Blanca Gordo is a Senior Researcher and part of the Artificial Intelligence Group at the International Computer Science Institute (ICSI) in Berkeley, CA. Most recently, she was the principal investigator of and lead a research team to conduct an evaluation of the California Connects Program, a federal public policy initiative in California. The Broadband Technology Opportunities Program (BTOP) at the National Telecommunications and Information Administration (NTIA) of the US Department of Commerce funds California Connects. Blanca holds a PhD in City and Regional Planning from the University of California, Berkeley, and specializes in social problems and technology. Her perspective synthesizes regional and local economic development, urban poverty, technology development processes, organizational analysis and development, public policy, ethnic populations (African American and Latino), demographics, and social inequality structures. She has taught related courses in the Department of City and Regional Planning and the Department of Ethnic Studies at the University of California, Berkeley, as well as the Department of Sociology at the University of San Francisco and the Department of Mexican American Studies at San Jose State University.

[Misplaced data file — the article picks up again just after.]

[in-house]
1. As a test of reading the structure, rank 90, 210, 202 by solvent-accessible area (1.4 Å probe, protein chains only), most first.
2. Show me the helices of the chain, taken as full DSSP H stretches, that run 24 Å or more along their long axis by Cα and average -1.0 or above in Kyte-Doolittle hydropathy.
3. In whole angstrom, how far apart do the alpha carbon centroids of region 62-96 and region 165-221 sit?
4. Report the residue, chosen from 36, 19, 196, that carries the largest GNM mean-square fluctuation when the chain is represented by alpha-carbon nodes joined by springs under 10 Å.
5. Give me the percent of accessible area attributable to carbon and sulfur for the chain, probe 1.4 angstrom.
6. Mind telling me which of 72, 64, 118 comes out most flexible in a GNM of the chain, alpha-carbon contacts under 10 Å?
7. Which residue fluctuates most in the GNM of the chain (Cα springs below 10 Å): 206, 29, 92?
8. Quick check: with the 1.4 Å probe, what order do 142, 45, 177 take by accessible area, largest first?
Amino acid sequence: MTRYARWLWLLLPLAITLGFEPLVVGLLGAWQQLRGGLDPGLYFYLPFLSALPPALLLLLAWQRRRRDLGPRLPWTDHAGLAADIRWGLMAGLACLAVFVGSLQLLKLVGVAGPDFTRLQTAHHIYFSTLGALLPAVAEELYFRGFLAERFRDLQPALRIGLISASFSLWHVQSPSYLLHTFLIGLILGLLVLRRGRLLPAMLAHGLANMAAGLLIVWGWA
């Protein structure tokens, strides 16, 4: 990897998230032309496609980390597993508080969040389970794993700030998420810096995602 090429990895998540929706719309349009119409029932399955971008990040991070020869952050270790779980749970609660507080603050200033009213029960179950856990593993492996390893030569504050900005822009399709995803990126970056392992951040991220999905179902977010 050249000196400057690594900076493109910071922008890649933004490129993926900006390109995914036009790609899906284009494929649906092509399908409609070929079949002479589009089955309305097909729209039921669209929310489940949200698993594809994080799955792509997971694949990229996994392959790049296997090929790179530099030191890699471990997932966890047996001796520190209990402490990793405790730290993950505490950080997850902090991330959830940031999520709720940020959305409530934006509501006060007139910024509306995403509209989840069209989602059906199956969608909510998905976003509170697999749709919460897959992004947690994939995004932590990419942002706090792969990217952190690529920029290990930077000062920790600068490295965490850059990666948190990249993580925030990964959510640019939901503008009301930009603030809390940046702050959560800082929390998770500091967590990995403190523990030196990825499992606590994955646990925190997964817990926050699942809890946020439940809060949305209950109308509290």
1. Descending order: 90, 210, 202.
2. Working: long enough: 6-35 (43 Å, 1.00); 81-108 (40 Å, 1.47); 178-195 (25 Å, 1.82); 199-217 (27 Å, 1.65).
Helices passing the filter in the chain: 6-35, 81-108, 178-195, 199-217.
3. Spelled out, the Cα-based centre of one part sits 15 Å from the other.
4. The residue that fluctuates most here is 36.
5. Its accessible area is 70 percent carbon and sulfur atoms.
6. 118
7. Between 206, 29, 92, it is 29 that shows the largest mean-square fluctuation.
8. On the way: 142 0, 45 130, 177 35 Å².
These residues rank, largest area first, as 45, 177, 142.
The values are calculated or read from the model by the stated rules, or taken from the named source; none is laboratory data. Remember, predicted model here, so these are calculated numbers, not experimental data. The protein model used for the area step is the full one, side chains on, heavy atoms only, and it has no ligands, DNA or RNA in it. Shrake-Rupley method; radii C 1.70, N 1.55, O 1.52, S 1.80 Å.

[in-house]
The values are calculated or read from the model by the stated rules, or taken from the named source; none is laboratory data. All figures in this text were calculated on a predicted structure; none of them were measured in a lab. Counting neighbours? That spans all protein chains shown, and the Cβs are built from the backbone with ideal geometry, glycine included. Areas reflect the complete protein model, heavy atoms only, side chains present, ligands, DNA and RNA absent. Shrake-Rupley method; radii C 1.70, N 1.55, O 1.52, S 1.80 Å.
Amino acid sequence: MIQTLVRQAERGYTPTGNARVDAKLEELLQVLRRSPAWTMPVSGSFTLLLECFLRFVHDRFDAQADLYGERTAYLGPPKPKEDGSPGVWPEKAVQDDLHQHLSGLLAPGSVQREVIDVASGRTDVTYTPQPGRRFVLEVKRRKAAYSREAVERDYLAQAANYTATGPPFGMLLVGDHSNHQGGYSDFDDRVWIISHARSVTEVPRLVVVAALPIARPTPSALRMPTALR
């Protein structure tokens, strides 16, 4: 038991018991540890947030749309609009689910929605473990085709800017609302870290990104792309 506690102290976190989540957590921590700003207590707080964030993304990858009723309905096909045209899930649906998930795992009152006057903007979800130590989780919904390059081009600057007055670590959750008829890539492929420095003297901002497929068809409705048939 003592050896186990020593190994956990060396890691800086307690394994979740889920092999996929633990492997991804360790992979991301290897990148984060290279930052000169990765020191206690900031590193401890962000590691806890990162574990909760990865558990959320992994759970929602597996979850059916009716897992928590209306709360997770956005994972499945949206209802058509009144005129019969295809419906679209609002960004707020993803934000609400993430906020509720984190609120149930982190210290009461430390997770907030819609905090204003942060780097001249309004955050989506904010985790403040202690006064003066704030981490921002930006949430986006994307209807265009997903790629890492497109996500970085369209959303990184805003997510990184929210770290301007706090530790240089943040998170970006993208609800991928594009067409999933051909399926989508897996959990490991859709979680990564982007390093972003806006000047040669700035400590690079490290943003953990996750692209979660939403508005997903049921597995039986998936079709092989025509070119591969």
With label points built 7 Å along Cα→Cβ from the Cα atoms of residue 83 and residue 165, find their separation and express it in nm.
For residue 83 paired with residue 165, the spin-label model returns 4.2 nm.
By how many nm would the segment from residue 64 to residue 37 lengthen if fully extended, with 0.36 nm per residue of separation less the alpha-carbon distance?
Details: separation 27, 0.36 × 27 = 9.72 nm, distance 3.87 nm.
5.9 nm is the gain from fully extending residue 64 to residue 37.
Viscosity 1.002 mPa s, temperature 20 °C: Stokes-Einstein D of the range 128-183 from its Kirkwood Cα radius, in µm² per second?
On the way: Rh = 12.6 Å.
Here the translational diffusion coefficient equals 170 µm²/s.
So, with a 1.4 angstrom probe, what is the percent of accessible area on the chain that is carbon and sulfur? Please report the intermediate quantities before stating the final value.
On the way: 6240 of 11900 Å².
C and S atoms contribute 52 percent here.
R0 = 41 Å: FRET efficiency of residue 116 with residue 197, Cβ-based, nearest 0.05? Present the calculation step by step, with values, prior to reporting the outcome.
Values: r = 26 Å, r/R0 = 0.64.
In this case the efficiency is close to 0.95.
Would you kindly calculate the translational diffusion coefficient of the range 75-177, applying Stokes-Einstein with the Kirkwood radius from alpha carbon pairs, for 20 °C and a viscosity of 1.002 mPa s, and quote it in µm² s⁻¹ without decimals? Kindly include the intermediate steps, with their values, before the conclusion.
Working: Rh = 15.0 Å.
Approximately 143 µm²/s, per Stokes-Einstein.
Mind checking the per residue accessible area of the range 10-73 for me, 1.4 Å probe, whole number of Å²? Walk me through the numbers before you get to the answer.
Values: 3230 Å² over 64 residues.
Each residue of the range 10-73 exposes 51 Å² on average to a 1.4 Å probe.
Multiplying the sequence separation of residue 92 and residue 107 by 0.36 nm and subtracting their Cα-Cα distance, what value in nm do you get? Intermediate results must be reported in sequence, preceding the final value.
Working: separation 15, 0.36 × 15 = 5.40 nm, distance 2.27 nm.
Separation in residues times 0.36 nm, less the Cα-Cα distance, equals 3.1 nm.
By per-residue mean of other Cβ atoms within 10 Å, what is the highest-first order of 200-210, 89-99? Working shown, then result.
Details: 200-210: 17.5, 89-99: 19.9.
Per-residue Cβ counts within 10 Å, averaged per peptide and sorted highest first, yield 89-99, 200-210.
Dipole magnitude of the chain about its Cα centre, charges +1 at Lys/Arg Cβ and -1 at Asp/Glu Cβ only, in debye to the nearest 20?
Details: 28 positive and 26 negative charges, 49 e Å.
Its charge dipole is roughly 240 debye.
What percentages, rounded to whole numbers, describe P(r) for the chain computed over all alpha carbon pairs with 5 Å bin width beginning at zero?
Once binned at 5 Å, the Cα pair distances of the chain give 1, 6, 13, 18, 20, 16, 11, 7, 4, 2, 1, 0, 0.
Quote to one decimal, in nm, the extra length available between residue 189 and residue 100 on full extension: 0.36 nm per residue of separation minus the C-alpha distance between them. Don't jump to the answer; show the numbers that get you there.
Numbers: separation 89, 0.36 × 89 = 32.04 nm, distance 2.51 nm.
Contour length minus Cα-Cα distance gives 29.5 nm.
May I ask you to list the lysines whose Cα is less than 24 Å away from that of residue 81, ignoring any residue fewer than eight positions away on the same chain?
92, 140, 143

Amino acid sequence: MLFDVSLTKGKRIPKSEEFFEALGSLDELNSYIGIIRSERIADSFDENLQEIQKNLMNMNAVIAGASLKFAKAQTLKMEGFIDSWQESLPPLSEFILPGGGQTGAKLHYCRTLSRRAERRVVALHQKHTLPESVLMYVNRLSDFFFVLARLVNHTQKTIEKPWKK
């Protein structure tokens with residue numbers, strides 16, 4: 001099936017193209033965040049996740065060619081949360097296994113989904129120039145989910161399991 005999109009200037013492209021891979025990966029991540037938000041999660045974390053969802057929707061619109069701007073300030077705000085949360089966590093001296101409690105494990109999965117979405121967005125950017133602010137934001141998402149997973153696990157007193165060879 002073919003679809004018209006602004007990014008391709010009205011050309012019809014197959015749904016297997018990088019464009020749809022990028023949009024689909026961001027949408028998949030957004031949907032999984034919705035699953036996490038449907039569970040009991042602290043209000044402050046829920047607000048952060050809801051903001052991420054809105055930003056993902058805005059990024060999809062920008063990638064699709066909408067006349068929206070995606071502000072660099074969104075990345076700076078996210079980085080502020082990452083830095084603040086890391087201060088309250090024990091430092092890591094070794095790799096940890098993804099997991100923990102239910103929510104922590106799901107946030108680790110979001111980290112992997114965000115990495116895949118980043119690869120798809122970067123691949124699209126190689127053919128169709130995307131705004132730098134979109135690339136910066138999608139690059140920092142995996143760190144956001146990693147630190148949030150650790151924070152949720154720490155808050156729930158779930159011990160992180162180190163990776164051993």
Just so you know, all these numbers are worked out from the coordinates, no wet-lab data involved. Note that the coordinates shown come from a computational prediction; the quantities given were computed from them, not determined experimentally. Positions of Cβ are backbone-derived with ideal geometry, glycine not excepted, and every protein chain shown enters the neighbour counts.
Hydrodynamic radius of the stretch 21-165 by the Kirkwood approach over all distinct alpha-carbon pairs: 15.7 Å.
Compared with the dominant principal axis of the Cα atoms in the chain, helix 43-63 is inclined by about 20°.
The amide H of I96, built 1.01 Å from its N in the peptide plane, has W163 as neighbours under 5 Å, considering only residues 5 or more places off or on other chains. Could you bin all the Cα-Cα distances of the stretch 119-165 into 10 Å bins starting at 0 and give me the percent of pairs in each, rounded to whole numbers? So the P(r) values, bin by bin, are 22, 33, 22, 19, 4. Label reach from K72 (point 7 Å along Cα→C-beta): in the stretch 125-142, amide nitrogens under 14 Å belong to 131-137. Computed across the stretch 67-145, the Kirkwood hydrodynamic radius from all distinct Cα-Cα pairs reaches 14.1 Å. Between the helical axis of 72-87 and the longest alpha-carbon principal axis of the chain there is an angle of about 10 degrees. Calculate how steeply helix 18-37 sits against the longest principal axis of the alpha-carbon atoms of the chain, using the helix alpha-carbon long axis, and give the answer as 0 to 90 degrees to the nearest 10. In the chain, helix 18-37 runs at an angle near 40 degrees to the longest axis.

Julia Bernd enjoys working on projects where she simultaneously learns how people and societies function and makes that learning useful by helping people. Julia received her MA in Linguistics from Stanford University, and since has applied her academic training to practical causes in a wide variety of social science and public health research projects around the Bay Area. In addition to her work at ICSI on the California Connects evaluation team, Julia is a research and outreach consultant for the Family Acceptance Projecttm at San Francisco State University, and a professional editor. (Her interest in language and culture has led to multiple simultaneous careers!) Julia’s current work combines studying processes of social change with participating in those processes; and she has spent time as a grassroots progressive activist. Previously, Julia was the Assistant Director of Peninsula Peace and Justice Center in Palo Alto, and currently serves on its Board of Directors.